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Emergency Response

Chapter 296-824, WAC

Effective Date: 10/01/02

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Scope

WAC 296-824-100 

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This chapter states the minimum requirements that help you protect the safety and health of your employees during a response to a hazardous substance release in your workplace or any other location.

This chapter applies if your employees are, or could become, involved in responding to uncontrolled releases of hazardous substances in your workplace or any other location. Use the scope flow chart, and definitions that follow, to determine if this chapter applies to your workplace(s). Defined words are italicized in the flow chart.

Exemption

Exemption:

  • This chapter doesn't apply to you if your workplace is a hazardous waste site. If you aren't sure about your site classification, see chapter 296-843 WAC, Hazardous waste operations.
  • If your workplace is a treatment, storage, and disposal site this chapter may apply.

Note

Note:

Requirements in other chapters may also apply to your workplace. You will find some safety and health requirements (for example, personal protective equipment) are addressed on a general level in the WISHA Safety and Health Core Rules, chapter 296-800 WAC, while being addressed for a specific application in this rule. When this happens, both requirements apply and should not conflict. If you are uncertain which requirements to follow, you must comply with the more protective requirement. Contact your local L&I office if you need assistance in making this determination.

Defintion

Definitions applicable to the flow chart. (See WAC 296-824-800 for additional definitions used in the chapter):

Danger area

Areas where conditions pose a serious danger to employees, such as areas where:

  • Immediately dangerous to life or health (IDLH) conditions could exist
    or
  • High levels of exposure to toxic substances could exist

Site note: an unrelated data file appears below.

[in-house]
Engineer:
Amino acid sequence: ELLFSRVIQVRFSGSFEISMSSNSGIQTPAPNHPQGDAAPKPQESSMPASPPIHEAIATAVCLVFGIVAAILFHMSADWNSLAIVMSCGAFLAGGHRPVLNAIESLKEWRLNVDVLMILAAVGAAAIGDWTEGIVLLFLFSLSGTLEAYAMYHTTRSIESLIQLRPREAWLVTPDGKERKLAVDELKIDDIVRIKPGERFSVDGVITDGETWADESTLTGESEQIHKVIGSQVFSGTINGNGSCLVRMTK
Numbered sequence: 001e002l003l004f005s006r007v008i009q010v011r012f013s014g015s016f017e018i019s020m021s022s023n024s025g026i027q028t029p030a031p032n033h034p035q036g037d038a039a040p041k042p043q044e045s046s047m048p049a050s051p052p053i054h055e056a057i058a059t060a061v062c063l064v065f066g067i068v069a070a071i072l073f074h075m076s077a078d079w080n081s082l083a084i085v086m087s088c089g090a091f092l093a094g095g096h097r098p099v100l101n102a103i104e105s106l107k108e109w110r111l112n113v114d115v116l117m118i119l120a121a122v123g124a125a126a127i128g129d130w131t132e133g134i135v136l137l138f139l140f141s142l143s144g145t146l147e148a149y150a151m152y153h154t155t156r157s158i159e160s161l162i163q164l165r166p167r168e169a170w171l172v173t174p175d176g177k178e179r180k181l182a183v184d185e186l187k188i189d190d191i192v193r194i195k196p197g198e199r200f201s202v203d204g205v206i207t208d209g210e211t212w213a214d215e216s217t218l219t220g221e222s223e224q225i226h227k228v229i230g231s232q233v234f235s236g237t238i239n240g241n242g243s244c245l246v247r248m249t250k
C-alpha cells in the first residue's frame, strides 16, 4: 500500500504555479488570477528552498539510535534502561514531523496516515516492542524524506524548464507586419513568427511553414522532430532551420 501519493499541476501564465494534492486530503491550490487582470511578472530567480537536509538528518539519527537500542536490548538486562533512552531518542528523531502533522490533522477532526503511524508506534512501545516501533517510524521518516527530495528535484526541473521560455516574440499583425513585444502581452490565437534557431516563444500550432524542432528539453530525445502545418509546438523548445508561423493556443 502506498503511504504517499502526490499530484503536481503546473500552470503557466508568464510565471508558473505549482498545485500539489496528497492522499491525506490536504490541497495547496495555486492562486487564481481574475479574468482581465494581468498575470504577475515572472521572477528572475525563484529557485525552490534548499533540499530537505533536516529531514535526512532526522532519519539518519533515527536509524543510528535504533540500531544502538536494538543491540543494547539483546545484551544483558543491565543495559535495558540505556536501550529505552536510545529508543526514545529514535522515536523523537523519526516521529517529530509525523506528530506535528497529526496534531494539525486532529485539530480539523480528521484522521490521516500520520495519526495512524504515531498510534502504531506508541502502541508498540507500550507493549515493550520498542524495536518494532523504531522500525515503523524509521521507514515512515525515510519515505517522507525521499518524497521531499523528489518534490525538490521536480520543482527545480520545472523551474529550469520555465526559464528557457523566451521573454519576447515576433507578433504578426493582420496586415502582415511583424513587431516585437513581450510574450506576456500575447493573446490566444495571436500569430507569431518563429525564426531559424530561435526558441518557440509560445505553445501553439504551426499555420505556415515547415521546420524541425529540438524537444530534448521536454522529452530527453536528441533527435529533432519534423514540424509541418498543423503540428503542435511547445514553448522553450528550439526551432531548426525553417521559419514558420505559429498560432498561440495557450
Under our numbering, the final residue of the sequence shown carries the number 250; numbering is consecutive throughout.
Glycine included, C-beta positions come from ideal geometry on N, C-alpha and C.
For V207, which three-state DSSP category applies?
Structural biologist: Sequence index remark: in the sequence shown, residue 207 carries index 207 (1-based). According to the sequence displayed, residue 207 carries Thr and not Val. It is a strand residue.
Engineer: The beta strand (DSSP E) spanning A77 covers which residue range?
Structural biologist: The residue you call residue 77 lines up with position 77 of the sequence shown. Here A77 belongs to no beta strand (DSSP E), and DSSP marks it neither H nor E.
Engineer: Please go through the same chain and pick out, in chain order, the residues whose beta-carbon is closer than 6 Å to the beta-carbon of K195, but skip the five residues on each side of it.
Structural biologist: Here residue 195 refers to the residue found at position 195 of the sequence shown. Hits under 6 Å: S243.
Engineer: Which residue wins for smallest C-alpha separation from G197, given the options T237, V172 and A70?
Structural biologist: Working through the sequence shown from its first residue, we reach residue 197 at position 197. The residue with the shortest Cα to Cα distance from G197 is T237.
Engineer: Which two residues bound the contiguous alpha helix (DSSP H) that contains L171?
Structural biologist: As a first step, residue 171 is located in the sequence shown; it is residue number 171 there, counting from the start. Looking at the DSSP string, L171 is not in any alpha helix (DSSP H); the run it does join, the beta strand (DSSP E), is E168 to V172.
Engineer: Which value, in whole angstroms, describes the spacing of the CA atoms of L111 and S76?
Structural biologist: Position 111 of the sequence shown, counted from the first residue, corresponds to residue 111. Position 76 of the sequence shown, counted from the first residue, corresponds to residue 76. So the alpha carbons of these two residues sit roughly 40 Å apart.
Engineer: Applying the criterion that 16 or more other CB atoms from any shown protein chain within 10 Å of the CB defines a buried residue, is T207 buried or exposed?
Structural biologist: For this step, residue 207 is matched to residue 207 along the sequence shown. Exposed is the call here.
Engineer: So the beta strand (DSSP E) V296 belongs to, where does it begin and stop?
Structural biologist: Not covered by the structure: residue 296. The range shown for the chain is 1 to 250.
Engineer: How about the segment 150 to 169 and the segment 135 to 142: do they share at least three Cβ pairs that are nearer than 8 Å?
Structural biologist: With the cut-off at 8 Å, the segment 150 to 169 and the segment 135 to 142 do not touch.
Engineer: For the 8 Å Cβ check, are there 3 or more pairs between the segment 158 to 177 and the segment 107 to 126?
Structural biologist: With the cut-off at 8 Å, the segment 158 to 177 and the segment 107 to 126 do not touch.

or
  • There is a potential for exceeding the lower explosive limit (LEL), also known as the lower flammability limit (LFL), of a substance.

Emergency response

A response to an anticipated release of a hazardous substance that is, or could become, an uncontrolled release.

Hazardous substance

Any biological, radiological, or chemical substance that can have adverse effects on humans (see WAC 296-824-800 for a more specific definition).

Immediately dangerous to life or health (IDLH)

Any atmospheric condition that would:

  • Cause an immediate threat to life
  • Cause permanent or delayed adverse health effects
  • Interfere with an employee's ability to escape

Incidental release

A release that can be safely controlled at the time of the release and does not have the potential to become an uncontrolled release.

Example of a situation that results in an incidental release:

A tanker truck is receiving a load of hazardous liquid when a leak occurs. The driver knows the only hazard from the liquid is minor skin irritation. The employer has trained the driver on procedures and provided equipment to use for a release of this quantity. The driver puts on skin protection and stops the leak. A spill kit is used to contain, absorb, and pick up the spilled material for disposal.

Limited action

Action necessary to:

  • Secure an operation during emergency responses
    or
  • Prevent an incident from increasing in severity.

Examples include shutting down processes and closing emergency valves.

Release

A spill, leak, or other type of hazardous substance discharge.

Uncontrolled release

A release where significant safety and health risks could be created. Releases of hazardous substances that are either incidental or couldn't create a safety or health hazard (i.e., fire, explosion, or chemical exposure) aren't considered to be uncontrolled releases.

Examples of conditions that could create a significant safety and health risk:

  • Large-quantity releases
  • Small-releases that could be highly toxic
  • Potentially contaminated individuals arriving at hospitals
  • Airborne exposures that could exceed a WISHA permissible exposure limit or a published exposure limit and employees are not adequately trained or equipped to control the release.

Example of an uncontrolled release:

A forklift driver knocks over a container of a solvent-based liquid, releasing the contents onto the warehouse floor. The driver has been trained to recognize the vapor is flammable and moderately toxic when inhaled. The driver hasn't been trained or provided appropriate equipment to address this type of spill. In this situation, it isn't safe for the driver to attempt a response. The driver needs to notify someone of the release so an emergency response can be initiated.

Workplace

  • A fixed facility
    or
  • A temporary location (such as a traffic corridor)
    or
  • Locations where employees respond to emergencies

 

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